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Southern Historical Society Papers, Volume 25. (ed. Reverend J. William Jones), chapter 1.18 (search)
opposite political faith that the encounter took place. The duel was fought under The Oaks. The story is related that Senator Waggaman intended only to wing his antagonist, and it resulted fatally for him. He missed his aim, but Prieur's bullet was more accurate, striking the senator in the leg and severing the femoral artery. The senator never recovered from the injury. He refused to permit the amputation of his leg, and died of gangrene on March 22, 1843. The duel had occurred on the 20th. Had he lived six months longer he would have been sent as minister to France, for such appears to have been President Tyler's intention. Senator Waggaman's children were: (1) Henry St. John, who became a lawyer and died at an early age; (2) Christine, who married Sanfield McDonald, the first prime minister of Ontario, Canada, and who refused the order of knighthood offered by Queen Victoria; (3) Eugene, the subject of the present sketch; (4) Mathilde, who married Judge Henry D. Ogden; (5
Southern Historical Society Papers, Volume 25. (ed. Reverend J. William Jones), Malvern HillJuly 1, 1862. (search)
, prevented my advancing until the following morning. Major Dabney, in his life of Jackson, says: On this occasion it would appear, if the vast interests dependent upon General Jackson's co-operation with the proposed attack upon the centre were considered, that he came short of the efficiency in action for which he was everywhere else noted. Then, after showing how the crossing might have been effected, Dabney adds: The list of casualties would have been larger than that presented on the 20th, of one cannoneer wounded; but how much shorter would have been the bloody list filled up the next day at Malvern Hill. Dr. Harvey Black, who was with General Jackson at the time, has often told me that the General was completely overcome by fatigue, and, having fallen asleep, it was impossible to arouse him, and that this was the cause of the delay at White Oak Swamp. Such was the position of the Confederate army at 2 o'clock on Monday, June 30th. Fraziers Farm. The Federal Genera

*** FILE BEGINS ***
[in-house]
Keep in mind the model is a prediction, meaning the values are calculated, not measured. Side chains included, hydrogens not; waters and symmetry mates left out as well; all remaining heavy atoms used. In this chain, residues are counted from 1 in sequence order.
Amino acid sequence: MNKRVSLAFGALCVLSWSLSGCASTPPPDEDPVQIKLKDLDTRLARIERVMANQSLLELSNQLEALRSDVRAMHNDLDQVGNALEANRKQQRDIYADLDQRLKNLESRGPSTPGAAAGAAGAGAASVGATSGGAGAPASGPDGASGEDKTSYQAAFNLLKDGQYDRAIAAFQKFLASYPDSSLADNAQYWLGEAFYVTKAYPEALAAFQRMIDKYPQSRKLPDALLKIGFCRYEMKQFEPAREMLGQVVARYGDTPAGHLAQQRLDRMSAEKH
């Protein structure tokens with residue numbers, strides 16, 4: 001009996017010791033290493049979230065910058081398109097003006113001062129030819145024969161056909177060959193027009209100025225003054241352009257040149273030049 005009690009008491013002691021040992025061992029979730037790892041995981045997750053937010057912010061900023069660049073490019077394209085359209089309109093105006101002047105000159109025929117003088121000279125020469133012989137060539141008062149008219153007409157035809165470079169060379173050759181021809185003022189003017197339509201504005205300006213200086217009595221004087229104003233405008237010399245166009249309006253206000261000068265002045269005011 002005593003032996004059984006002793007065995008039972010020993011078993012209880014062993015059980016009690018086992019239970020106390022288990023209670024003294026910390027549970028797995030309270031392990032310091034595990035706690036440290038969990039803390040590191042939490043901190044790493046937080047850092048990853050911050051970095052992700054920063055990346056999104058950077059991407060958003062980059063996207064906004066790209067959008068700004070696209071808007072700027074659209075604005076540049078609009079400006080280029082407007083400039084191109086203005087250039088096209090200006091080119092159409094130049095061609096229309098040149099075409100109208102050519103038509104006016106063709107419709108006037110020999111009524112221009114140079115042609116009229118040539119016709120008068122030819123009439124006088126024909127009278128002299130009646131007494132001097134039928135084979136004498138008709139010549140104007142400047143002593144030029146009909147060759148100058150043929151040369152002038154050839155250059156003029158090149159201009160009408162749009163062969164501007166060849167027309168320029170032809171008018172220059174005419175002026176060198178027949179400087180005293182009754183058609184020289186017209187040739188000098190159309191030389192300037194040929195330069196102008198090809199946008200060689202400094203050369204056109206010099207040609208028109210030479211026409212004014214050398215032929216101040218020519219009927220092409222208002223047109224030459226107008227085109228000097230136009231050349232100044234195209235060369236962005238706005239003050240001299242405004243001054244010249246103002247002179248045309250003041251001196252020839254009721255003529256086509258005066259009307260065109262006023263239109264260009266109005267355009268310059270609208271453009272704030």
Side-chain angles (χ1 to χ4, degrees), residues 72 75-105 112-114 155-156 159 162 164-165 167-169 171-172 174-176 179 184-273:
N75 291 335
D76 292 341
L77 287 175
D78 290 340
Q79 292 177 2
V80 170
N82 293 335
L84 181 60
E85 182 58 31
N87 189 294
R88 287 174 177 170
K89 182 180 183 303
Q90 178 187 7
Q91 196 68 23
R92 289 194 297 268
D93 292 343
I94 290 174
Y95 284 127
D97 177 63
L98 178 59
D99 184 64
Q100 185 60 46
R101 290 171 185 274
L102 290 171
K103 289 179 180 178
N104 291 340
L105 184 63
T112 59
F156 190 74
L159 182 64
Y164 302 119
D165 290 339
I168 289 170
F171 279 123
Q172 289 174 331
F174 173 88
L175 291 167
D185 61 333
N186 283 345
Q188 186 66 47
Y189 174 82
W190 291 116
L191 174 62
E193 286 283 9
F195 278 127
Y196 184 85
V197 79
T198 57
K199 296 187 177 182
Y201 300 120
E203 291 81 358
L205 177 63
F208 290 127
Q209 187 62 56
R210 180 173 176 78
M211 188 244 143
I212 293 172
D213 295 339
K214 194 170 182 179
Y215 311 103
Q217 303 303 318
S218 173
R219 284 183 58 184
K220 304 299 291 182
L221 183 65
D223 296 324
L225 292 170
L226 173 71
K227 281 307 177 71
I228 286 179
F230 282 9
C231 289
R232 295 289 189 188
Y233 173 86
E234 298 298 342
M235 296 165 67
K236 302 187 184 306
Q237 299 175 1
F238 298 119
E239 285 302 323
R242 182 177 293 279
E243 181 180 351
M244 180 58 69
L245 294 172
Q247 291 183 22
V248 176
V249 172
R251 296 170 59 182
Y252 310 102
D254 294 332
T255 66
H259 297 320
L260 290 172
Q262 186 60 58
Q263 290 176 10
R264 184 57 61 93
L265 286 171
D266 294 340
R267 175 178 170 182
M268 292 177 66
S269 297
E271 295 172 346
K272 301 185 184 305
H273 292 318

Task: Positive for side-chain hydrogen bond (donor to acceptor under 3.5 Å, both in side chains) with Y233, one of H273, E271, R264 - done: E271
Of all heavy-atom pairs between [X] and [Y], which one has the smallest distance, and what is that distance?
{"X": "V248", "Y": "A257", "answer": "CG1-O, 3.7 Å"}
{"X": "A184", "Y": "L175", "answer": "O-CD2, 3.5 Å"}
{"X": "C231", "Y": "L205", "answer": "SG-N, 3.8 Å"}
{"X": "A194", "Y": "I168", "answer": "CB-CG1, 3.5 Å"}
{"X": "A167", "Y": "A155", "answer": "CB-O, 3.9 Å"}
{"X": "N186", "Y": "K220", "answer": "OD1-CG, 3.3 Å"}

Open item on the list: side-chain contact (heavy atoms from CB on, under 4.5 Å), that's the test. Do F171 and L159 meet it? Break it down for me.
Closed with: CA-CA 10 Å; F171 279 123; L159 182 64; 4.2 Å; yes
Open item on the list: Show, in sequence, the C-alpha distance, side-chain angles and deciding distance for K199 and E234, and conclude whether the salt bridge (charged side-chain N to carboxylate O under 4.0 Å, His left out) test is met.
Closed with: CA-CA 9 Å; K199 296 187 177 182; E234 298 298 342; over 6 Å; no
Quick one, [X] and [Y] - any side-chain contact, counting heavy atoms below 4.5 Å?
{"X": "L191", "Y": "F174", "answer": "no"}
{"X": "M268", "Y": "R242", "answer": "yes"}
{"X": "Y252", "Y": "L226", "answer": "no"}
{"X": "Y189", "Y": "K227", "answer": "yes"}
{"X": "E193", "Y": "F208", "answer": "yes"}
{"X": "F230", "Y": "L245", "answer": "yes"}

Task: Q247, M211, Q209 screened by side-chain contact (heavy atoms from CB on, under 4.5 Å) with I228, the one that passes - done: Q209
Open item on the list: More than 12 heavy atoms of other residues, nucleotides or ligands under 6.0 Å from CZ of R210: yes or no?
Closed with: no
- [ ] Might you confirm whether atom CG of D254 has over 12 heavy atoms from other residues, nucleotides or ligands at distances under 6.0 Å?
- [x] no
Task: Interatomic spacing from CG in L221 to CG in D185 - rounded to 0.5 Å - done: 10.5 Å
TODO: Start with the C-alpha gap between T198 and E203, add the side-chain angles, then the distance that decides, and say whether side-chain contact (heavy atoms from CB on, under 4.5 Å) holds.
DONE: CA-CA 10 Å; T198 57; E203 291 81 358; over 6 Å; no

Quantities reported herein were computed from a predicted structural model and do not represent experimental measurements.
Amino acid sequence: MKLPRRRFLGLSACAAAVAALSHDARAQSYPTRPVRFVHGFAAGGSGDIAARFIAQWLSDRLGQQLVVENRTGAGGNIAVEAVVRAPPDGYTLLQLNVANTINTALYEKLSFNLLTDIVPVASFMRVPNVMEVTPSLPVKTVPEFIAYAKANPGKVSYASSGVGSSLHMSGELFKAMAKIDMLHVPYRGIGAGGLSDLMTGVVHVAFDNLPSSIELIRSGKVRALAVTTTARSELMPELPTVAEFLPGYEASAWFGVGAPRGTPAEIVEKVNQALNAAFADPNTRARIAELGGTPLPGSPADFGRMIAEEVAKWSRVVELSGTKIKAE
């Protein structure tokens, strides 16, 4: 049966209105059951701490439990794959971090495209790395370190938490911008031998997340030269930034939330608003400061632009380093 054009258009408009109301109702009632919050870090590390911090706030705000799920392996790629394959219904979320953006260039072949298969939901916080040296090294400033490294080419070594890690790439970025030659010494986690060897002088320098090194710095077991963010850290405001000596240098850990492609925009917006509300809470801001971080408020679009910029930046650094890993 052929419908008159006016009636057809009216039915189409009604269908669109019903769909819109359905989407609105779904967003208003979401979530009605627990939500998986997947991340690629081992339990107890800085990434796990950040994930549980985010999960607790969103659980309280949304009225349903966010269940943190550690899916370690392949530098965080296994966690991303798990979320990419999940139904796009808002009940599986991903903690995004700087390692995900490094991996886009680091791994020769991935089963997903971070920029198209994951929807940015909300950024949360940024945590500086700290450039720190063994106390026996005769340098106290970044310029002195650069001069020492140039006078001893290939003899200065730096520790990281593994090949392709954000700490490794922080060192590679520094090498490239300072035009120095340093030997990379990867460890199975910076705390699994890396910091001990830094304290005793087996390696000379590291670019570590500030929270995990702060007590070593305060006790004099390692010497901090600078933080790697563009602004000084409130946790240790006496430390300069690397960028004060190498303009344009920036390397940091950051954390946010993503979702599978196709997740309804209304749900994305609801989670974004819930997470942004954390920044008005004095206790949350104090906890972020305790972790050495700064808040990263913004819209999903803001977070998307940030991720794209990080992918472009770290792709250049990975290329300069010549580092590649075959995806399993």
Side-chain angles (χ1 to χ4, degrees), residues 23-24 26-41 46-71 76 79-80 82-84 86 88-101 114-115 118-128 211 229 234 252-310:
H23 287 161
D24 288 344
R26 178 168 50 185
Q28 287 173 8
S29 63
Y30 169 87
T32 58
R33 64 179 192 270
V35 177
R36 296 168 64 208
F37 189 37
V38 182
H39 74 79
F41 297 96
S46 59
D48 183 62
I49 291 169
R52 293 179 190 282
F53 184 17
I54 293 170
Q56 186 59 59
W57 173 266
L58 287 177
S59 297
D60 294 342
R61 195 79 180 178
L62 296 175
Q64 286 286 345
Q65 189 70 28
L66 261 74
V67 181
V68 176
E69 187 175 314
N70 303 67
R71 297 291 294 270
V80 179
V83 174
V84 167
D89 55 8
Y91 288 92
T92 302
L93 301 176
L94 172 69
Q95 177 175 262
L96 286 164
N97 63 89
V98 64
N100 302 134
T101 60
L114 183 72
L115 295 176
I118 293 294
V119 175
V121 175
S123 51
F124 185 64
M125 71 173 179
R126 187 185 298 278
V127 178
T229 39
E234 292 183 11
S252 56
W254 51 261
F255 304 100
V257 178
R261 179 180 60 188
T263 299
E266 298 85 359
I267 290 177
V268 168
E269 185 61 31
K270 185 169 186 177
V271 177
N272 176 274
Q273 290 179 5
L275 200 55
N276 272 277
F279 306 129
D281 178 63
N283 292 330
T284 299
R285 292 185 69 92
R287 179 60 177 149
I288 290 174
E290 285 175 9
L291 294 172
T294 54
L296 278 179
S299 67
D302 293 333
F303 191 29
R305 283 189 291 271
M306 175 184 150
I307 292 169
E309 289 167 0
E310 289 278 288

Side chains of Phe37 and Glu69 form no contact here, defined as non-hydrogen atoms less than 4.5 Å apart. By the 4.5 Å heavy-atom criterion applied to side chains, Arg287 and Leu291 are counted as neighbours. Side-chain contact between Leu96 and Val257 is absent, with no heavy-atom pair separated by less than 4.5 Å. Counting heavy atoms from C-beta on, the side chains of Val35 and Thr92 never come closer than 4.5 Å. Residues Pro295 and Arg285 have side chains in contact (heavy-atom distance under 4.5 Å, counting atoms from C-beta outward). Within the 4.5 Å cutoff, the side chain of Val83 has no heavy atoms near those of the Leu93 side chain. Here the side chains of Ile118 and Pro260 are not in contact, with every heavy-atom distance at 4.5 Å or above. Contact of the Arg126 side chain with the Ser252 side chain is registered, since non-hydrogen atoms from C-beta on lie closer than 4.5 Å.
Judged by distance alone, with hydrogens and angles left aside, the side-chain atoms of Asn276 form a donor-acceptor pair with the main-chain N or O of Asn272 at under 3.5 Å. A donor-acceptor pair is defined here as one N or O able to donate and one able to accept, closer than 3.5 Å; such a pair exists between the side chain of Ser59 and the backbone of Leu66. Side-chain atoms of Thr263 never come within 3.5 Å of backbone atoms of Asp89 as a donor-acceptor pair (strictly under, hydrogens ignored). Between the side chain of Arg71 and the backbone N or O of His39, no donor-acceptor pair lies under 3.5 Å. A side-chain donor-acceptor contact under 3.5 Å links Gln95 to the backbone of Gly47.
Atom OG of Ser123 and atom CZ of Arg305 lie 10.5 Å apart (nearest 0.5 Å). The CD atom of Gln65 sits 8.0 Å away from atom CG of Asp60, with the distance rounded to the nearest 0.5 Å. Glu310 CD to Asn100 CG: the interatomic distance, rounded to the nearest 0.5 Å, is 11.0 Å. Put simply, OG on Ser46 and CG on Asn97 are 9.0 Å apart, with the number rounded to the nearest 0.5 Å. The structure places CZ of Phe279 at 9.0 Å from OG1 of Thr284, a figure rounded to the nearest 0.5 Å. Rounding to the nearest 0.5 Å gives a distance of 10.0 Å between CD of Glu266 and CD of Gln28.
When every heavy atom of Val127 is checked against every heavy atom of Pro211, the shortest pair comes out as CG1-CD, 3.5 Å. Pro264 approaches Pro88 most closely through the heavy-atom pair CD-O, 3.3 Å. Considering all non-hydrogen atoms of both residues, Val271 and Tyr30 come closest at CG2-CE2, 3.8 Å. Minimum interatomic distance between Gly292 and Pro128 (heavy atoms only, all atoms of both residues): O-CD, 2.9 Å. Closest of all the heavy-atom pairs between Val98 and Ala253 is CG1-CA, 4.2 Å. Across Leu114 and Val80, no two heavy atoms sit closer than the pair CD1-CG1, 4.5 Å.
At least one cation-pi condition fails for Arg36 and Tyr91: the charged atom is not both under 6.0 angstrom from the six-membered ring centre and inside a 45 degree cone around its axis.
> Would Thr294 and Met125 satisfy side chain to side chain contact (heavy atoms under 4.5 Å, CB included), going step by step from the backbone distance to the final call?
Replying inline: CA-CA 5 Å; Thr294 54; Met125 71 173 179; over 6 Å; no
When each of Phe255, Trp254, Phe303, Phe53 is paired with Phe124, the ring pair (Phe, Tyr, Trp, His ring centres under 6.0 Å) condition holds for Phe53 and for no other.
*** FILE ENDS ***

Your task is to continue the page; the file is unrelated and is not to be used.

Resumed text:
Southern Historical Society Papers, Volume 25. (ed. Reverend J. William Jones), chapter 1.27 (search)
mith, Company K, were severely wounded. Hill's Division remained to parole the prisoners and send off the captured goods, and on September 17, moved to Sharpsburg, leaving Thomas at Harper's Ferry. At Sharpsburg occured one of the greatest battles of the civil war. General Hill arrived in time to save the day, but Pender's Brigade on the right of the division was not actively engaged, being under fire at long range of musketry. The division crossed the Potomac into Virginia, and on the 20th, at Shepherdstown, were ordered to drive some brigades of the enemy across the river. The enemy massed in front of Pender's Brigade and endeavored to turn his left. General Pender became hotly engaged and informing Archer of his danger he (Archer) marched by the left flank, and forming on Pender's left, a simultaneous, daring charge was made, and the enemy driven pell mell into the river. Then commenced the most terrible slaughter the war witnessed. The broad surface of the Potomac was bl